Spanish Wine Festival in NYC, Not Much to Party About
This will be a tad difficult for me to write, considering I adore PJ Wine's retail outfit and laud them every chance I get, but I found their Spanish Wine Festival tasting brutally disappointing. I will get to the wines (vaguely, it was difficult to focus & put together my normally meticulous analysis) later on in this thread, but initially I must mention that the design, venue selection and over-booking of the event caused such disarray that the only lingering impression my palate was left w/ was that of sour grapes.
Peter Yi, owner of PJ Wine, and the entire PJ's team personify a fundamental passion for Spain. Traditional Monte Real Reservas, tapas, Spanish music and culture are part of the pulse that brings the retail team its unique character. On top of their respect and admiration for Spanish viticulture, these events (including their annual Grand Tasting events) are benevolent, selfless fundraisers for City Harvest, their official charity partner. That's why it is somewhat painful for me to say that I found the event lacked the class, organization and respect that it certainly commands.
The venue, Landmark on the Park, a Universalist Church, while certainly an aesthetic and ambitious setting, was blatantly too small to accommodate the relatively enormous volume of tasters stumbling through the evening. There were less than a handful of side tables to gather around (perhaps due to spatial constraints) and nowhere to hide amidst the crowds of thirsty patrons, lining up like pigs surrounding a trough at chow time. And please, dear readers, tell everyone that you know that it’s NOT acceptable to stand and eat directly off of the buffet. Fill your plate and move along (personal pet peeve of the wife)! Pourers were treated like absentee bartenders, and nary a word could be heard through the raucous crowds and stumbling acoustics. The sensation was of hurried anxiety; the atmosphere was stuffed to the gills like a mall food court at high noon. Not the type of environment one can contemplate fine wine in, unless one would consider long lines at Great Adventure theme parks to be 'cozy.' Organization is nearly impossible when the venue is booked 3 times its acceptable capacity.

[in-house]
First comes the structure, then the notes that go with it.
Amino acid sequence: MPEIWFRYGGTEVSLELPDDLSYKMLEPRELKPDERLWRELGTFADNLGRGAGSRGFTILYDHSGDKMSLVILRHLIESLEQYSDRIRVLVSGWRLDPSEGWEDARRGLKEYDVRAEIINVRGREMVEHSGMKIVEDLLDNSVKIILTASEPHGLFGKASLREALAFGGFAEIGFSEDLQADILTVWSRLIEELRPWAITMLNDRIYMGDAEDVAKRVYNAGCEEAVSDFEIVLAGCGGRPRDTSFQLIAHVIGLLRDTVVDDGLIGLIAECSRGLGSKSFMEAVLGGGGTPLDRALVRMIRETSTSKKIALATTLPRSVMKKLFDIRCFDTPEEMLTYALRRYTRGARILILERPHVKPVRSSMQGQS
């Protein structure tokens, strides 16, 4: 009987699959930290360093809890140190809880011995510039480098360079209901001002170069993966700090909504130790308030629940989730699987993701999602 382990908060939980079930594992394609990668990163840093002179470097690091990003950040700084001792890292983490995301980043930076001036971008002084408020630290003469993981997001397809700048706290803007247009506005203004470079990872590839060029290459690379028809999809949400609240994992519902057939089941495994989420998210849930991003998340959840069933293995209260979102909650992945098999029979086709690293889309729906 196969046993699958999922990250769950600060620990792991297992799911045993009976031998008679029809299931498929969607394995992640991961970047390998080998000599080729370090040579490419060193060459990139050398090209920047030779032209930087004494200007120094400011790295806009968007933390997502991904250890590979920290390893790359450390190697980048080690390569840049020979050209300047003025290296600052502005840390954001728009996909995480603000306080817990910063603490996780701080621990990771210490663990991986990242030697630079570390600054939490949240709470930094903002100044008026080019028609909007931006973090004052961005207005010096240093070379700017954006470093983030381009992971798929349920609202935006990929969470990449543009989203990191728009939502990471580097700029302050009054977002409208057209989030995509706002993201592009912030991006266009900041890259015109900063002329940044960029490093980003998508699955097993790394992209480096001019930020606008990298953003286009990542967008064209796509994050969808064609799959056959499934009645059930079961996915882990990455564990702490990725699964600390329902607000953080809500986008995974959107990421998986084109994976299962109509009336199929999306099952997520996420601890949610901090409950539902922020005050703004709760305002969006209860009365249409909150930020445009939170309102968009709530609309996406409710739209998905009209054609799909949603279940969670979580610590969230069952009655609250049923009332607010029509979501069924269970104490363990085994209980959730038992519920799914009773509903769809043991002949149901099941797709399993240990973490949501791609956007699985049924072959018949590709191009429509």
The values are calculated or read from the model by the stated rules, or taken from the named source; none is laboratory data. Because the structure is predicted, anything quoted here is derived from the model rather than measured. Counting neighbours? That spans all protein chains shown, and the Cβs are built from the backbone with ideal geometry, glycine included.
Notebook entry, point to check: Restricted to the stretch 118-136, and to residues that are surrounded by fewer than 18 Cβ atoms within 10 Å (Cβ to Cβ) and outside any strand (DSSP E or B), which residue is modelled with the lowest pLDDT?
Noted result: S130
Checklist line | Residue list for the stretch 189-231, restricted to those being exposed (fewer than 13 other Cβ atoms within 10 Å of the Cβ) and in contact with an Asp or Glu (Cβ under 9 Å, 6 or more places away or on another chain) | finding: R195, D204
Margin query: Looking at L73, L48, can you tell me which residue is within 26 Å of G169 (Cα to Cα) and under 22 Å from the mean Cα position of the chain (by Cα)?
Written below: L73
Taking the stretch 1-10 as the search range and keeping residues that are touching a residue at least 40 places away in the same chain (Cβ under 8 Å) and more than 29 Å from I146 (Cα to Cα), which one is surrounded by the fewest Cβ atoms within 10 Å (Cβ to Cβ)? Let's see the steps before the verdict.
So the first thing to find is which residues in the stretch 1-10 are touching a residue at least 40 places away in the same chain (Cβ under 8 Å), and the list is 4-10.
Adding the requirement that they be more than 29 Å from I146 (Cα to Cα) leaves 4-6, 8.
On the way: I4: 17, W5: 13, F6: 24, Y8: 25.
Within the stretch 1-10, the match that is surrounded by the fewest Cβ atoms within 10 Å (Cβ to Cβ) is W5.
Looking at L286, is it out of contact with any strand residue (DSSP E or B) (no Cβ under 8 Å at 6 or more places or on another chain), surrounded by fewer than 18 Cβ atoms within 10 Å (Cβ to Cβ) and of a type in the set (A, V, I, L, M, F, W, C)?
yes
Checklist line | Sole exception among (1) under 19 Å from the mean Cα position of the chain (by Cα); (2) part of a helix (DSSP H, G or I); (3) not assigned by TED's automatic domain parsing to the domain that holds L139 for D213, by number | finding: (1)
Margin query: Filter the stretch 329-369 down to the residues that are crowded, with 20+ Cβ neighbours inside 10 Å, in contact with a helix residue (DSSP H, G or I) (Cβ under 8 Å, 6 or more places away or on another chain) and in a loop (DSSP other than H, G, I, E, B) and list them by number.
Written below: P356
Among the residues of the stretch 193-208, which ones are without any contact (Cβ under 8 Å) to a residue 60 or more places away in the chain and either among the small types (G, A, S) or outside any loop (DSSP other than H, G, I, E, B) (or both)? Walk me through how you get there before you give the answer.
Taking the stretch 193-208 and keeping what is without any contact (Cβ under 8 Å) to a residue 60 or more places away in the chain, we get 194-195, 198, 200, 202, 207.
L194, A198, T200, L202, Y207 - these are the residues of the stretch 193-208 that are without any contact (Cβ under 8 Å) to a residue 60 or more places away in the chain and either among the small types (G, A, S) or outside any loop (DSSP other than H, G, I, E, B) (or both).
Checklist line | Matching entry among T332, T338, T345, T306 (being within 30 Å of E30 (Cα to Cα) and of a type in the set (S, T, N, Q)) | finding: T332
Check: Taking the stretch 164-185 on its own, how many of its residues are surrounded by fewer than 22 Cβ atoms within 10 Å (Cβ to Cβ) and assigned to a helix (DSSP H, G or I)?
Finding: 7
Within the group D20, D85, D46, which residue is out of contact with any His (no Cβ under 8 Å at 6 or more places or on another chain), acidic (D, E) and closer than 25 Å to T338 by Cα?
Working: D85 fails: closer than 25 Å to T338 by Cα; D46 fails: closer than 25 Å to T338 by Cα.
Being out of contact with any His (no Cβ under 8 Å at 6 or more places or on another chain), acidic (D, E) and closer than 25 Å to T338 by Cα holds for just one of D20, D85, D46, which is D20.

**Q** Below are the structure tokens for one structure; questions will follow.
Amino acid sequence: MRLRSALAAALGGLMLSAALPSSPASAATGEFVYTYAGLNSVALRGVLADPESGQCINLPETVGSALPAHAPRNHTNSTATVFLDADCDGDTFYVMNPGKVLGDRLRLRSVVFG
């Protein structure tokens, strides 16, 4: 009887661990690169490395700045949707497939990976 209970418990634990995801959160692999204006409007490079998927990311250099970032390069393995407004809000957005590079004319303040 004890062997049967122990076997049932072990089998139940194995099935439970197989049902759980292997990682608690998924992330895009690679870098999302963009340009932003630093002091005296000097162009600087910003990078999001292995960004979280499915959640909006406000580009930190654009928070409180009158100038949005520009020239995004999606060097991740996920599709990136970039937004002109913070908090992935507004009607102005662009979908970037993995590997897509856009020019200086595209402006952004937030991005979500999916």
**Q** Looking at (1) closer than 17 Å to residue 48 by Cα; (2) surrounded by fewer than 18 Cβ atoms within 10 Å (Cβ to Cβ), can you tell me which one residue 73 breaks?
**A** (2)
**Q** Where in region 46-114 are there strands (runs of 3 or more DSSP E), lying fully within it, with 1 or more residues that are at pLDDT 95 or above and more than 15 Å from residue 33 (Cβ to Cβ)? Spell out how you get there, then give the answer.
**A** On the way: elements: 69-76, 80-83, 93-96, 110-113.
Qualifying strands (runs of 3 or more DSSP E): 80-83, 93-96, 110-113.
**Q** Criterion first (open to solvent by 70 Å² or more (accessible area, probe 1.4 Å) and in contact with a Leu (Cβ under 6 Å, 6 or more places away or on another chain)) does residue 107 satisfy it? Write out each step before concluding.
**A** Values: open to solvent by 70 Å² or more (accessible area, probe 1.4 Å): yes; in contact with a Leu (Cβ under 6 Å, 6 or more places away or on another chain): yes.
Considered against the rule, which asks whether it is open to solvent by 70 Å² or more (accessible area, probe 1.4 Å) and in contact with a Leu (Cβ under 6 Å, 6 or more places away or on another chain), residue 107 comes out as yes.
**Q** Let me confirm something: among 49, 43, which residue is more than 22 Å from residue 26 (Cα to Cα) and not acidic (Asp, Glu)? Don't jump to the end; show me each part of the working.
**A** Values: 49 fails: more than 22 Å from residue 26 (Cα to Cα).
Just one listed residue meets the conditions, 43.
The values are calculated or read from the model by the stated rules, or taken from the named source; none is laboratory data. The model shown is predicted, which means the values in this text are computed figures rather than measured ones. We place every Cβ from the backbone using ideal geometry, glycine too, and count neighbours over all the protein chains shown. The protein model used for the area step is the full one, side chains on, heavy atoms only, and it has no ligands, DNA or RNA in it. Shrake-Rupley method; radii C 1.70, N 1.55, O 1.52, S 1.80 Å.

Now there are plenty of 'yeah but' comments I can splice into this critique:
-The minimal 90 dollar tariff goes to charity
-New York City's middle name is 'tight fit'
-These guys are great people and fabulously selfless (especially w/ their prices)
But I still can't come to find this acceptable. These are FINE wines, not gallons of jugs fit for thirsty, swill guzzling cliques in need of a more liberal barkeep. In order for any consumer to make a deliberate impression of a Vega Sicilia, or a Pesquera Janus...they can't worry about climbing through a mosh-pit of unruly New Yorkers in line for a 15 minute late G-train. The outfit at PJ's, their wines and their class deserves to be represented in an appropriate venue, w/ MUCH less patrons (perhaps doubling the charitable donation would suffice)...or simply spreading out the pouring tables, in a warehouse-esque environment could satiate a bit more of a professional, calm event setup.
The evening was punctuated w/ the barely audible micro phoned comments of owner Peter Yi falling on deaf, distracted ears. I made my most concerted effort to discern his words, as they were of Spain's cultural diversity, passion and charity. I genuinely had remorse as I heard the few handfuls of applause waltz him off the stage.
These wines were too good, this retailer is too good, and the charitable beneficiary is too good for this type of hap-hazard, fast food experience.